By order of the Flat Cap
Fashion is always re-appropriating elements of its itself: moulding contextual pieces of clothing which in the past were pigeonholed into one place and purpose; and rebranding them into something far more fluid and accessible to the masses. Take for example the Barbour wax jacket or the Burberry trench coat. However, the flat cap is rather an anomaly in the fashion world. Having never really gone ‘out of style’, the hat has seen resurgences in popularity over the decades due to its strong representation in popular culture, as well as its adoption by all ages and realms of status. Born in the industrial era, it is as natural to see herds of city goers in their flat caps as it is the quint-essential country man’s hat. The humble flat cap, having little to nothing change about its appearance since the 19th century, somehow defies the laws of passing fashion trends and thus remains a firm favourite as an everyday hat for the everyday man.
The History of the Flat Cap
In a post-Brexit landscape, the desire for homegrown UK manufacturing is stronger now than ever. It is interesting then that the origin of the flat cap would be embedded in the need to bolster the UK economy by its own government. In particular, the wool trade which was the foundation of the English economy in the mid 1500’s and was under threat due to competition in exports from Southern and Western Europe.
Imposed on the working class in 1571, the UK government made it law under the Statute of Apparel that all males above the age of 6 must wear an English made woollen hat on Sundays and public Holidays or risk a beating and a fine. This law remained upheld for almost 30 years before it was repealed, by which point the style of the flat cap had become widely accepted as the working man’s attire; particularly in the industrial areas of Western and Northern England as well as across Ireland.
What can a flat cap be called?
With mass emigration in the early 19th century, the flat cap gained popularity in the United States and beyond where it became the epitome of the common man uniform and donned a myriad of names: the driving cap, duffer cap, golf cap, scally cap, cabbie cap, paddy cap (after the Irish community) and the newsboy. The newsboy, named due to its popularity among young boys, is actually a puffier version of the flat cap we know today, made up of 8 triangular panels and finished with a cloth button in the middle. In Scotland, a flat cap is often called a bonnet, particularly when made from tweed, a tweed bonnet.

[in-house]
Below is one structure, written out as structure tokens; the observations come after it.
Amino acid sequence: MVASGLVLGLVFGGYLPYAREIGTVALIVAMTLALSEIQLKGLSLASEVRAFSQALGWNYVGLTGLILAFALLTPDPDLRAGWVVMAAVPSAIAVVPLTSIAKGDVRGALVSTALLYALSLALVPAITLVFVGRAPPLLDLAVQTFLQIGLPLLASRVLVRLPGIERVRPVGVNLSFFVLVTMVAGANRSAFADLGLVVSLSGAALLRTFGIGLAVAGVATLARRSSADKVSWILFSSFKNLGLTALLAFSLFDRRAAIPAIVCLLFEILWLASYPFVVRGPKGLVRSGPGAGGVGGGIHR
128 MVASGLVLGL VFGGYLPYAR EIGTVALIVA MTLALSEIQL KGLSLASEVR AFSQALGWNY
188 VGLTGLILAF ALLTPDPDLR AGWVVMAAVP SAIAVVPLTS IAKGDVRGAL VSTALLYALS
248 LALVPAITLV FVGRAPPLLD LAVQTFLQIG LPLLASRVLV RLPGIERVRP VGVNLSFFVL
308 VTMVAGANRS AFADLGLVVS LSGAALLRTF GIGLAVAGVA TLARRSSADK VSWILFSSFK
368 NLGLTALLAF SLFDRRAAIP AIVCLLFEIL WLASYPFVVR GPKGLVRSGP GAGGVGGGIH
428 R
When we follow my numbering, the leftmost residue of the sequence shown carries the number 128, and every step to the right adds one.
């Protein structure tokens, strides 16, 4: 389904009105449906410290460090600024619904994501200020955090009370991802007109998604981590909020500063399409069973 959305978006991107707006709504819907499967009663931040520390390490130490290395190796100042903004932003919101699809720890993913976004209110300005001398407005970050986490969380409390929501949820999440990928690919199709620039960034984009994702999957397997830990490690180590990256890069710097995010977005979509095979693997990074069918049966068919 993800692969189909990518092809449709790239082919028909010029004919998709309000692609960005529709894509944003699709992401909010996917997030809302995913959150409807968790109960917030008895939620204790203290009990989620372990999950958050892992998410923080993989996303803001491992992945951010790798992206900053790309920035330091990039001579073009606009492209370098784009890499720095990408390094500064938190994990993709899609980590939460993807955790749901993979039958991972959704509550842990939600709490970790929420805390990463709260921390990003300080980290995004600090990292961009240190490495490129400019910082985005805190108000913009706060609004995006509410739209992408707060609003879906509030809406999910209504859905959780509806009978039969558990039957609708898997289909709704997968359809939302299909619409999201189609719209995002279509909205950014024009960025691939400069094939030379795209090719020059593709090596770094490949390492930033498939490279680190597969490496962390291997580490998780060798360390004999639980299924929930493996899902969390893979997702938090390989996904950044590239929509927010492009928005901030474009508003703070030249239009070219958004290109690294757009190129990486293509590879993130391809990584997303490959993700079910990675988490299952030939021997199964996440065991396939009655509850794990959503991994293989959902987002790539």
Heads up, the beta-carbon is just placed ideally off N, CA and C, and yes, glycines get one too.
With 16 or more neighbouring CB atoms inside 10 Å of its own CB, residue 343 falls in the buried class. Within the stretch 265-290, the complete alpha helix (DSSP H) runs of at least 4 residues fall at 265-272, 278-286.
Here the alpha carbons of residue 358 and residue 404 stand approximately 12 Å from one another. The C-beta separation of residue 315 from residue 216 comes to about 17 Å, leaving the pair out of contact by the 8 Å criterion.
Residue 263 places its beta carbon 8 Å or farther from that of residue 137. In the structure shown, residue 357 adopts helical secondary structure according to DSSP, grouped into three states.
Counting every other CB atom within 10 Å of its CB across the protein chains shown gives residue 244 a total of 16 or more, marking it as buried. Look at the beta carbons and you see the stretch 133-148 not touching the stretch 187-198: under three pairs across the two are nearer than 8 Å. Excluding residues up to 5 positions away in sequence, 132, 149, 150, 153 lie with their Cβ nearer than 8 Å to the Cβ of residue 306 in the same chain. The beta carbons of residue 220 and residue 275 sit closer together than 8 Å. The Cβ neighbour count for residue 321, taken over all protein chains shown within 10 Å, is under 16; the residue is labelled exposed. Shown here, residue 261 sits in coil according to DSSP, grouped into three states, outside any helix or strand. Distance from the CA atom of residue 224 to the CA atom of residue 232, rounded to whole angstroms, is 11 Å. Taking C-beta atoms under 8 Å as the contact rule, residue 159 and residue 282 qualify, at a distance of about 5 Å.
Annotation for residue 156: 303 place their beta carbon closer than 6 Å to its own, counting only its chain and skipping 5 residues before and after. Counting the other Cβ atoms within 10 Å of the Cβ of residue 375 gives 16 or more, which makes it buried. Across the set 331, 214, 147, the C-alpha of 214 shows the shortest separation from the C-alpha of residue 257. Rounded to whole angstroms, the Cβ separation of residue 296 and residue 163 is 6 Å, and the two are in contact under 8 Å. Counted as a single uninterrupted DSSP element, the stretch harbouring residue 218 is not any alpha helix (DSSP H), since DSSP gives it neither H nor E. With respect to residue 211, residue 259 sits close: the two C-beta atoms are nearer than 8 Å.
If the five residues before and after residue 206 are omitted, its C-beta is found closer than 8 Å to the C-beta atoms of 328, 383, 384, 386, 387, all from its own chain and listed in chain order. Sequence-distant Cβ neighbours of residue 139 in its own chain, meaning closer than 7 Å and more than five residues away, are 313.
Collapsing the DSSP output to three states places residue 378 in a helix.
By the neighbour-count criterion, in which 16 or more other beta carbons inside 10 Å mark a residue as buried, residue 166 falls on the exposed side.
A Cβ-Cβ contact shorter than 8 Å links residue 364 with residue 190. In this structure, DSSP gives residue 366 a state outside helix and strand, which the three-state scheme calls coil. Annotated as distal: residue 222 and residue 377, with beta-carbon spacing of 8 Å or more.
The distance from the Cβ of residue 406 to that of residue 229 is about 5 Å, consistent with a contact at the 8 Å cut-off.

By the 1920’s, the flat cap had breached the borders of the working class and was adopted by wealthy Americans and upper class Brits who preferred them in expensive tweeds and used them for leisurely pursuits such as golfing and motor cars as well as on their country estates for shooting and stalking. Even Edward VIII commissioned versions of the cap to be made in his own tweed. However, as much as the flat cap held its own in royal spaces, the style would always remain synonymous with its grass roots as the common man’s hat. A style that would forever denote the grit and graft of the streets that they were originally imposed on; so much so that it was the apparel of choice for many notable gangs in 1930’s Britain including Charles Sabini’s London underworld and most famously, the Peaky Blinders.
The Flat Cap in Pop Culture
The Peaky Blinder Resurgence
Although it may certainly seem that the BBC’s Peaky Blinders, a dramatized retelling of Birmingham’s famous gang who perhaps mythically sewed razor blades within the brim, has brought about a distinctive new love of the flat cap.
From old fashioned films to modern day celebrities
The reality is that the flat cap has been ever prevalent in modern pop culture, appearing all over the silver screen most often to help solidify the character’s social status, such as Dick van Dyke’s all singing and dancing Bert in Mary Poppins to Vito Corleone’s humble beginnings in the Godfather Part II. From the screen to magazine covers, celebrity fans of the hat such as David Beckham, Leonardo Dicaprio, Brad Pitt and most recently Harry Styles have helped to modernise the flat cap image.